An issue that was front and center for many of us in rural Virginia this session was school construction. Several of us had different perspectives and experiences as to how best the state could help those counties in rural areas as well as inner cities. To better understand the issue, allow me to set the stage on how this has been dealt with in the past.
The Literary Fund was the first source of funding to assist in construction for local governments' school needs. Originally established by then Governor Thomas Jefferson, the Literary Fund was designated to receive the penalties paid for breaking the law. Jefferson believed that if fines were paid to local governments, it would lead to abuse. Having these funds come to the state for a greater purpose would prevent that. This worked well for years, receiving more and more court fines as paved roads and more powerful cars led to driving citations in the last half of the twentieth century. There was money available that the state could loan to build schools. However, in the last thirty years, counties figured out they could beat the system by passing local ordinances to match state traffic laws. Now many city and town police and county deputies write driving citations on those local ordinances, directing fines be paid to the county for local government needs.
This has left the Virginia Literary Fund with too few dollars to meet construction needs. For the last several years, the most a county could borrow was $7.5 million. This might repair some buildings, but the school system would have to borrow elsewhere for new construction. This year the Governor proposed to add 80 million General Funds dollars to the Fund. This amount would not be enough to build one new high school in the state; therefore, it would be of limited value.
My proposal was somewhat different. Instead of loaning small amounts to several counties, why not instead let the counties find the best sources from which to borrow. Then allow them to apply for a grant to pay part of the interest of that loan. As proposed, this would only apply to poorer school systems. The poorest systems would receive the greatest benefit. The idea was new. Some feared giving it a try. In the end, the legislation passed. However, the budget limited the amount set aside for it this first year to $5 million dollars. I believe that as we move forward in future years it will become the norm rather than the exception; if I am around to continue the push.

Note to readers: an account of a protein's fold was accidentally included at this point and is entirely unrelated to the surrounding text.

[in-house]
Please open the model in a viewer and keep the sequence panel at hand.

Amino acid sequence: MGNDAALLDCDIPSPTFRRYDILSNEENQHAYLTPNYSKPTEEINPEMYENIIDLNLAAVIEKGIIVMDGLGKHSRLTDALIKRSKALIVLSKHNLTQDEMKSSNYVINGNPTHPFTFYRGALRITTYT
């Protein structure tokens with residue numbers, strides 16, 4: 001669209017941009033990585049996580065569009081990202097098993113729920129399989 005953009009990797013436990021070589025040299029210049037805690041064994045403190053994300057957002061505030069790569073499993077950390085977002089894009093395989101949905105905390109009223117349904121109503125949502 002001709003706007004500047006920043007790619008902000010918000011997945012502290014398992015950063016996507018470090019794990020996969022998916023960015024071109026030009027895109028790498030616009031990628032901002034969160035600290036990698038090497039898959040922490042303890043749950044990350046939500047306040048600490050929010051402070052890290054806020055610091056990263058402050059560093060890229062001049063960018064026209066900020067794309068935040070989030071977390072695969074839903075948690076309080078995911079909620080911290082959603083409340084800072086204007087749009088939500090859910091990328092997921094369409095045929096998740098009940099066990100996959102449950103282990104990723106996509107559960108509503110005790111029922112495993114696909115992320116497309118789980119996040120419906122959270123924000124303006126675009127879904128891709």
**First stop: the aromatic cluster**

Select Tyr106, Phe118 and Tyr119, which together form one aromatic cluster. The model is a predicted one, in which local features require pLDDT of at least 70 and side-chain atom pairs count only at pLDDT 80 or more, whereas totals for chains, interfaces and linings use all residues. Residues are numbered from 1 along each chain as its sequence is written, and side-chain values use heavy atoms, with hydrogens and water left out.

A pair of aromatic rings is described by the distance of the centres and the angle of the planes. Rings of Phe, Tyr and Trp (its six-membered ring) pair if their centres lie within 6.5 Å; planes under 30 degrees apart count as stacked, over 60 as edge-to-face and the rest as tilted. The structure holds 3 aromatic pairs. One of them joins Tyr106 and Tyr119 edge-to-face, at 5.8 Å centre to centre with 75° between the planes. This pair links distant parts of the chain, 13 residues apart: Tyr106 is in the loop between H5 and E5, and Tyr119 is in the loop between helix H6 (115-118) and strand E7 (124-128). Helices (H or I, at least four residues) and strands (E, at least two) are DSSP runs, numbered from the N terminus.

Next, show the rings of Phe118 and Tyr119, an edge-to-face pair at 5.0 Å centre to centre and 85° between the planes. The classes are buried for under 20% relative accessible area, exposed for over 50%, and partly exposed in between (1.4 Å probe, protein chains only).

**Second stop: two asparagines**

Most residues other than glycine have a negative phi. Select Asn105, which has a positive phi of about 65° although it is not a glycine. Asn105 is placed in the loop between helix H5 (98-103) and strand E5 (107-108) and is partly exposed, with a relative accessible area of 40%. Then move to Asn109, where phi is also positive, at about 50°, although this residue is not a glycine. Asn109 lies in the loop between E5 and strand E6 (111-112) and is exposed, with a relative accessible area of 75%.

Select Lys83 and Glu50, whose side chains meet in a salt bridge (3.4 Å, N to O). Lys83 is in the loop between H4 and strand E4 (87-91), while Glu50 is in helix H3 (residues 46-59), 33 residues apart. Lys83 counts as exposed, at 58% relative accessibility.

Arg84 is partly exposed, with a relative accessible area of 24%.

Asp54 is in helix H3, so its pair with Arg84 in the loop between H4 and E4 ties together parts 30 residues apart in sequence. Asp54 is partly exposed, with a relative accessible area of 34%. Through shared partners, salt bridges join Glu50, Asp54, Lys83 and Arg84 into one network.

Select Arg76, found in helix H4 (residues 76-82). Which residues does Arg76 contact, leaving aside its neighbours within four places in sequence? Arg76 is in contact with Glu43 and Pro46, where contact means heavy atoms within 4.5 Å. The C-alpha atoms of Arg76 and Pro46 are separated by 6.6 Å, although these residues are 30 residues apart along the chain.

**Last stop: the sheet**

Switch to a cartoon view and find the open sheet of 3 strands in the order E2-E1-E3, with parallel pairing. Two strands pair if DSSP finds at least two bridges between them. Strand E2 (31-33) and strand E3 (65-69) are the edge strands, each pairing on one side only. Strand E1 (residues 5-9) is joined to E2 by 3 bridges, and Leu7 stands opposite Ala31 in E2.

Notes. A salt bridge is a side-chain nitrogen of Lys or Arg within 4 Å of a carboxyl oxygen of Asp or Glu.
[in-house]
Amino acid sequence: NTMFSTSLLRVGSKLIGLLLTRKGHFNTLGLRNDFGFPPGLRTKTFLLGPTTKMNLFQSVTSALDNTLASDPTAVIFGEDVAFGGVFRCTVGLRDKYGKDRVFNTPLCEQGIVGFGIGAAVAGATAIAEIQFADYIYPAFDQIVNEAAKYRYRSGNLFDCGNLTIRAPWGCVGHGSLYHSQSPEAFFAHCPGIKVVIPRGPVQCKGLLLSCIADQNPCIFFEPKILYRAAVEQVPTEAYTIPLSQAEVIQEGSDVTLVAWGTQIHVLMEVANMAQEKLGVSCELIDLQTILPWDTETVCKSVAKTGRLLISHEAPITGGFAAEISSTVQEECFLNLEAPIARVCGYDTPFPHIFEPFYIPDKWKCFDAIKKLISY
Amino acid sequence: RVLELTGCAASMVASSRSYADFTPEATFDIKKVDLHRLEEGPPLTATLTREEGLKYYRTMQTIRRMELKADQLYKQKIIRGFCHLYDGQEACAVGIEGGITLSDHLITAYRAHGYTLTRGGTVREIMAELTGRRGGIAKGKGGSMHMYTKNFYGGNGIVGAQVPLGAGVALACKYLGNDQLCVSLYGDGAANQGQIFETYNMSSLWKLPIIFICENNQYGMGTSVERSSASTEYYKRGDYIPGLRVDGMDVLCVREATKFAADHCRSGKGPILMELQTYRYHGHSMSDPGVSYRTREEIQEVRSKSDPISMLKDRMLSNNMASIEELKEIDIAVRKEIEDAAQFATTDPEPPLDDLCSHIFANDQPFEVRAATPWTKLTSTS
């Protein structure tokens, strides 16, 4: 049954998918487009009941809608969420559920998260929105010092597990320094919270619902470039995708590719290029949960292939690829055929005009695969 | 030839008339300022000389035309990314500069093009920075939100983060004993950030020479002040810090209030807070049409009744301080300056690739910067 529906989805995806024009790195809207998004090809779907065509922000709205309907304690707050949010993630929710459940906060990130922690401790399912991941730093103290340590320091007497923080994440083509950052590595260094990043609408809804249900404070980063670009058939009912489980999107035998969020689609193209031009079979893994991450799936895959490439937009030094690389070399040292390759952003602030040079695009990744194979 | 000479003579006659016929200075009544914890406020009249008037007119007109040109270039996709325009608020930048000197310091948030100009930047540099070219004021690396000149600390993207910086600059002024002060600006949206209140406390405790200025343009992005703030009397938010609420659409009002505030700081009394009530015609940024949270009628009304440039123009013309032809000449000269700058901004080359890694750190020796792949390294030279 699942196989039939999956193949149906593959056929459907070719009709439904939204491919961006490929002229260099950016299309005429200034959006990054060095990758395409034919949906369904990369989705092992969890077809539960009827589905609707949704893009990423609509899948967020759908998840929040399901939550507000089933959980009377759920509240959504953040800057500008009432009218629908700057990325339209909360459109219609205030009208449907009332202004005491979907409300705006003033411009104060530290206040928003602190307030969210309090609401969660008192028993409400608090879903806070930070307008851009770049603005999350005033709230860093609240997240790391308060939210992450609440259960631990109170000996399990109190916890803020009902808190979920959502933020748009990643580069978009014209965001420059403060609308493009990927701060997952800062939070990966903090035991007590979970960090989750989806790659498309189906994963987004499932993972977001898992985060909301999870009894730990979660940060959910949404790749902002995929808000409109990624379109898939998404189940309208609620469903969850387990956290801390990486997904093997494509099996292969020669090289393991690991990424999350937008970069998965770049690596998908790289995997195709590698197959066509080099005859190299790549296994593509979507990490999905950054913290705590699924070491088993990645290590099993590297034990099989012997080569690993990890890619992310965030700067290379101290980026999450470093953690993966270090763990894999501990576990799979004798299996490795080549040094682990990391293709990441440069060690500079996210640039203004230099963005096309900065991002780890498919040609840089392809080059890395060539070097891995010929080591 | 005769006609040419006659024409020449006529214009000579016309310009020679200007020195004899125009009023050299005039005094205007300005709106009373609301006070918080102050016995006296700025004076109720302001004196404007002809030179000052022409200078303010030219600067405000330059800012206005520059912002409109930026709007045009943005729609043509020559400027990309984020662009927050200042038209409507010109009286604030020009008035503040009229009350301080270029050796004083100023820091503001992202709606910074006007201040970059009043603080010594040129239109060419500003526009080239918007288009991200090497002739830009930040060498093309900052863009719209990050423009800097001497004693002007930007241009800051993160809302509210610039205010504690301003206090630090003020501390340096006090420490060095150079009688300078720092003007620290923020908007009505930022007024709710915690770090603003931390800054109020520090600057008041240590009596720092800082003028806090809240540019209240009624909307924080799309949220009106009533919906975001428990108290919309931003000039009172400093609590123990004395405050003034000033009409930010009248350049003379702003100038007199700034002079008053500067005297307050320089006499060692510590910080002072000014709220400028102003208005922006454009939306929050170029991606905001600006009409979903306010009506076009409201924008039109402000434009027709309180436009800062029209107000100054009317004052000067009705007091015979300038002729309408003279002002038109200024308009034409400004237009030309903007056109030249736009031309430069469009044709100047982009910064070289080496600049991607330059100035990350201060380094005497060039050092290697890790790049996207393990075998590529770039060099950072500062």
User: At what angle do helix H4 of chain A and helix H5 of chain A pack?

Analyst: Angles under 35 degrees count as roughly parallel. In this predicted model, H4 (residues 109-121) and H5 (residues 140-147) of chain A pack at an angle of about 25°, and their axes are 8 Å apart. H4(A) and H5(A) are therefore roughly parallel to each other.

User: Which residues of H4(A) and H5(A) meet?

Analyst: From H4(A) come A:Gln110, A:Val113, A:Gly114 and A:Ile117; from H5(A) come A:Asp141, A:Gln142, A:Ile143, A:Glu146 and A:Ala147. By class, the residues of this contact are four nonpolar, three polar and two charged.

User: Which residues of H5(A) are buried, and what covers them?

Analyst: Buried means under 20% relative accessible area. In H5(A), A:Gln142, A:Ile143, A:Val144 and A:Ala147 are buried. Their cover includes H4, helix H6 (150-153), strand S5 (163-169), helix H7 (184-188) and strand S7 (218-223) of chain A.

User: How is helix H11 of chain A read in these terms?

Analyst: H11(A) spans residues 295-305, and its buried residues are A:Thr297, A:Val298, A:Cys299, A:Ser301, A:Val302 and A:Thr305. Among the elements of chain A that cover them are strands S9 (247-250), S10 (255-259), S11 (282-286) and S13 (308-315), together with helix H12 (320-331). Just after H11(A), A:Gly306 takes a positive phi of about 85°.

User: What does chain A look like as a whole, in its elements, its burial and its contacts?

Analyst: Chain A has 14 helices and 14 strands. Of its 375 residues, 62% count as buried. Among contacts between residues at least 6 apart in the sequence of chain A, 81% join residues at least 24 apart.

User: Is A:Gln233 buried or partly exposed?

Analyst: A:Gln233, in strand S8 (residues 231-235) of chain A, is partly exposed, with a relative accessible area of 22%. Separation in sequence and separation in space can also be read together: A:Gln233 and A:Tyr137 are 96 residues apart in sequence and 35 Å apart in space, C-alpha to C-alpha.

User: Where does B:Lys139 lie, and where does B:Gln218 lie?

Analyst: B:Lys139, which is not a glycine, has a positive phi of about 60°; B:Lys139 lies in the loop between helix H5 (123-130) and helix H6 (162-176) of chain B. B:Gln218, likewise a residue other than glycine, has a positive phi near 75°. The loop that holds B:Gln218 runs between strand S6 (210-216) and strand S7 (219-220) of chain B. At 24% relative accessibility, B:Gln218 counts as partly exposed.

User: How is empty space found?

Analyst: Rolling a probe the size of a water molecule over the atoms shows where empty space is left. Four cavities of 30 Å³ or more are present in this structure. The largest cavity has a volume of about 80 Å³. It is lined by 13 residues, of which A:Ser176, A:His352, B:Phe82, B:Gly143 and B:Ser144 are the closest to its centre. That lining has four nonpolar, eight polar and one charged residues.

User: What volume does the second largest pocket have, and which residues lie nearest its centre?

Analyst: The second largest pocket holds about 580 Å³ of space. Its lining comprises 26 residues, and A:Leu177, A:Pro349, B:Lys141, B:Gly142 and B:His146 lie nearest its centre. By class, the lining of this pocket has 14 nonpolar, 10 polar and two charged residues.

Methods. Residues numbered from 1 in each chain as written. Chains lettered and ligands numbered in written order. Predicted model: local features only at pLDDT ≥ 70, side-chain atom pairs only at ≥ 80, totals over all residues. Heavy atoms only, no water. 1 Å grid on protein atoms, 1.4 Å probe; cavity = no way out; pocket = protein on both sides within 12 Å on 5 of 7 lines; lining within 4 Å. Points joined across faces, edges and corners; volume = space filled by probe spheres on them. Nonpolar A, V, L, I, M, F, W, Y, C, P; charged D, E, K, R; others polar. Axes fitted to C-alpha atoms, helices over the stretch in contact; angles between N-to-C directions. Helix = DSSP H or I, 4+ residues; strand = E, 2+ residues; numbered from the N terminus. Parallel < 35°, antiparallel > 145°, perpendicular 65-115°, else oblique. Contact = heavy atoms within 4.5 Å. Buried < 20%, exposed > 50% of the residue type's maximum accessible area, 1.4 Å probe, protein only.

Other proposals were offered by Delegate Edmunds and Senator Stanley. Delegate Edmunds' bill would have allowed every county the option of a local referendum to add a penny to a county's sales tax for construction. The bill was narrowed down to allow it only in Halifax. Senator Stanley had two possible solutions. One would have called for a statewide bond referendum of $4 billion dollars for local school construction. This would have exceeded the state's borrowing capacity; thus, it was not acceptable. His second proposal would allow a school system to build solar panels at the school to provide the power needed at the school and to sell the extra power generated to the electrical power company. This would reduce the school's operating costs as well as pay part of the capital costs involved in the construction. This bill was successful.
Hopefully, this combination of possibilities will be of assistance as counties struggle with the needs of our schools.
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